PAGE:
Here’s why Zimbabwe is not ready for e-commerce


This weekend we (my friends and I) decided to have a little get together and watch all the airing football matches together, something that we do every other weekend.

As is also always the case we found ourselves debating over every topic under the sun during the breaks but this time online shopping (specifically why it has not caught on in Zimbabwe) was one of the topics we explored.

A lot of nuggets were unearthed during these escapades and I have decided to share them with you. Please bear in mind some of these strongly worded arguments are not mine, they are just my friends’ crude attempts at candour.


For a long time those in the tech sector have peddled various reasons why e-commerce ,specifically online shopping, has not yet caught on in Zimbabwe. For a long time all the failures of online entrepreneurs were blamed on inadequate payment solutions.

To some people all our woes could be placed squarely on PayPal’s door. The consensus among my friends was that this was rather simplistic and the fact that the arrival of PayPal, the Ecocash MasterCard and the development of Paynow as well as other payment solutions has not resulted in any immediate breakthrough seems to justify this conclusion.

  • No culture of online buying-  Most Zimbabweans ,it would seem, prefer making their purchases in store because it is the way they have done it for years. People prefer to choose the products and services, feeling them out, taking clothes into change rooms and such. A lot of people for example do not even know what size clothes they wear, they just go into a shop and buy whatever fits. Even when people where making mail orders in developed countries they were still unpopular in this country. Online retailers need to overcome this reluctance shown by people which is no easy task. Few people order their pizza by phone, they have always bought their pizza in store and that is not about to change because PayPal came to Zimbabwe.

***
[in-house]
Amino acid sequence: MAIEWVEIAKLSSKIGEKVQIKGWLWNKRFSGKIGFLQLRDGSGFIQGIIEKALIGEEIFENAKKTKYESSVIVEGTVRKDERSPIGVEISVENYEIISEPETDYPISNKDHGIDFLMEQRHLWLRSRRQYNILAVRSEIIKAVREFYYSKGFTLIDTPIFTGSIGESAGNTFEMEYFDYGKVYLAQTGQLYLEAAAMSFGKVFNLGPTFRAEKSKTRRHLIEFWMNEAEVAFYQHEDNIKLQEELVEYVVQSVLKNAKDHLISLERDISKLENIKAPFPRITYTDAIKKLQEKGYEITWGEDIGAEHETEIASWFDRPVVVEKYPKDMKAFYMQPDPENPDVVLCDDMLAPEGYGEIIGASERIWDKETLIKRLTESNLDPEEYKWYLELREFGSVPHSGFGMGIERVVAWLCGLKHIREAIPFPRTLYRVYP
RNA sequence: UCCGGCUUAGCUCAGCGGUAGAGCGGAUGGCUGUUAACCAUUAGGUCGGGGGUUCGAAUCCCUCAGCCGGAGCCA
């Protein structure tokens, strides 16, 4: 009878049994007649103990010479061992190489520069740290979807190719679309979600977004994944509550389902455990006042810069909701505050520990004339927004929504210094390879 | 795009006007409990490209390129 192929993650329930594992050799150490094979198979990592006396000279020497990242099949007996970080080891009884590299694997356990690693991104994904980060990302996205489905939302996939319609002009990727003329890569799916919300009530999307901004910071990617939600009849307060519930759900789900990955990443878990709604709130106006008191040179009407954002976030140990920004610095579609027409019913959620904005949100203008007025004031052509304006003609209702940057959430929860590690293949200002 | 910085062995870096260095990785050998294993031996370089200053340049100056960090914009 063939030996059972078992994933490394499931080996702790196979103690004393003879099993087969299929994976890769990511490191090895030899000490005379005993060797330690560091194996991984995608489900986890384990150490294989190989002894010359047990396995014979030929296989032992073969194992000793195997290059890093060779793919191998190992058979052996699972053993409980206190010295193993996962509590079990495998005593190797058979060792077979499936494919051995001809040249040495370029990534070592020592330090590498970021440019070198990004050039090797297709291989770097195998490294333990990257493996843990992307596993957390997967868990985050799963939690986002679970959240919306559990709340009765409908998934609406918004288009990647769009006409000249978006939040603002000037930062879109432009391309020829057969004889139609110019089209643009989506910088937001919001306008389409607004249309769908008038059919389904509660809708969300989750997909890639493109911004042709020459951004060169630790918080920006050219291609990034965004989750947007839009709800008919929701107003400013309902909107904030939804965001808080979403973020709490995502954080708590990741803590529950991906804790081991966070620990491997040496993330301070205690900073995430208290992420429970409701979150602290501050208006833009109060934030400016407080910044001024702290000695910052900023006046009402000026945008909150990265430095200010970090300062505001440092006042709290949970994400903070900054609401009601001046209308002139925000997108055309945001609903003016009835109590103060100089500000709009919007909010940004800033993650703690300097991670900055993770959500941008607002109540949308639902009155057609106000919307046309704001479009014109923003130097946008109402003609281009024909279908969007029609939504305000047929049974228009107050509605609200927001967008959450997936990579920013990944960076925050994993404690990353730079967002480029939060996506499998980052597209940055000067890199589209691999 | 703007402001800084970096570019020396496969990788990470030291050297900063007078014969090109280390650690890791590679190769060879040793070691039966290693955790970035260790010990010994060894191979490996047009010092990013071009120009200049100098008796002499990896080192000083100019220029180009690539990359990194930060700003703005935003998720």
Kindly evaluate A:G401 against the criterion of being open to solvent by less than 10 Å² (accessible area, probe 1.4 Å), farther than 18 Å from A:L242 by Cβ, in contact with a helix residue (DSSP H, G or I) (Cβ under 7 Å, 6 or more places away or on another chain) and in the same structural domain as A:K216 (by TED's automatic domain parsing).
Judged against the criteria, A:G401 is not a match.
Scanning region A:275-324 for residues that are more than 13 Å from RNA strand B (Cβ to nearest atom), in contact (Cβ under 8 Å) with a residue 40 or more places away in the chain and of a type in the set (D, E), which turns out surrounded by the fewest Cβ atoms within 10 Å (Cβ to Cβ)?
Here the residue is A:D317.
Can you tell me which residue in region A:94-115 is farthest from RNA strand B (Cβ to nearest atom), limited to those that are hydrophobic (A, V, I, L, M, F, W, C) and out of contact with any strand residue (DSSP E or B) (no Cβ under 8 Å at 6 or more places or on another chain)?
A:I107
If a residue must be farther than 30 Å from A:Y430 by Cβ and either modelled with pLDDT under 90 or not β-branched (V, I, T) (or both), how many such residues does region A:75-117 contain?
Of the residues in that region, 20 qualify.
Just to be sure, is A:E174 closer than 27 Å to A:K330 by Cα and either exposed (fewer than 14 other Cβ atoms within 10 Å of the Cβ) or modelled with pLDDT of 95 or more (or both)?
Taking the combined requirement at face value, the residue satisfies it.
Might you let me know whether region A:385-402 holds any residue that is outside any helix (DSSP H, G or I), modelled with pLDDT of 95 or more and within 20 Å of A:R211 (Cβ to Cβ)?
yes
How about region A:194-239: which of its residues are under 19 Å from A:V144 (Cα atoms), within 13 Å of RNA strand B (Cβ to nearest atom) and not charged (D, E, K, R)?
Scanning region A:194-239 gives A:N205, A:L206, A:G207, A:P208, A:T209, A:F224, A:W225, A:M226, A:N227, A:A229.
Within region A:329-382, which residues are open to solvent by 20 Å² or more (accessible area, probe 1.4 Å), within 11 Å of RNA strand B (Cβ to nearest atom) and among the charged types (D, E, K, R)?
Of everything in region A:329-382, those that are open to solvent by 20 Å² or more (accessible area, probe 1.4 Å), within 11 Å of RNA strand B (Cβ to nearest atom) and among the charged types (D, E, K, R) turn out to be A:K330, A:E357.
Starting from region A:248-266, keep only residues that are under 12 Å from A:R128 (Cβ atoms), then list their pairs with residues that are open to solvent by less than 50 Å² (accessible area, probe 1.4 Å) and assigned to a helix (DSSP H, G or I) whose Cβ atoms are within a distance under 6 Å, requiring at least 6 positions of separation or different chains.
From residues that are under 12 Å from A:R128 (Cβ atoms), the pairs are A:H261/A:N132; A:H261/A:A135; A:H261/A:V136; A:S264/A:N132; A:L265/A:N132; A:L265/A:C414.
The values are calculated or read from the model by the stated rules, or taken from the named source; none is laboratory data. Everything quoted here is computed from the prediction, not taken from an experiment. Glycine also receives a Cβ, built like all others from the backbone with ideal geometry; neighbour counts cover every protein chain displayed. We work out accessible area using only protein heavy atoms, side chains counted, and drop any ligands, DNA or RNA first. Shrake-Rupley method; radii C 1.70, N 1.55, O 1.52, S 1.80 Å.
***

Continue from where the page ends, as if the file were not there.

• There are no clear advantages to buying online-Right now buying products online in this country is nothing but a mere novelty with no apparent virtues. Why should I buy a pizza online instead of going to the store? Most available online stores have a more limited selection of goods and some even charge a premium when compared to their brick and mortar counterparts.
  • Courier problem- Local couriers like to charge a premium and most do not deliver to remote areas-the very places that would benefit from online shopping. For example couriers like DHL, FedEx and UPS do not deliver to most growth points and rural areas and require you to visit one of their urban depots to collect your packages. Why order online when you will have to go to the nearest town to receive the goods anyway? It would help if couriers had an overnight or same-day delivery option that was affordable.
  • Most people don’t understand online buying at all- Even when it’s virtues are apparent, most people still don’t get online buying at all. What is it all about? Those involved in the sector must embark on an evangelising exercise extolling its virtues in much the same way pentecostal churches go about their business.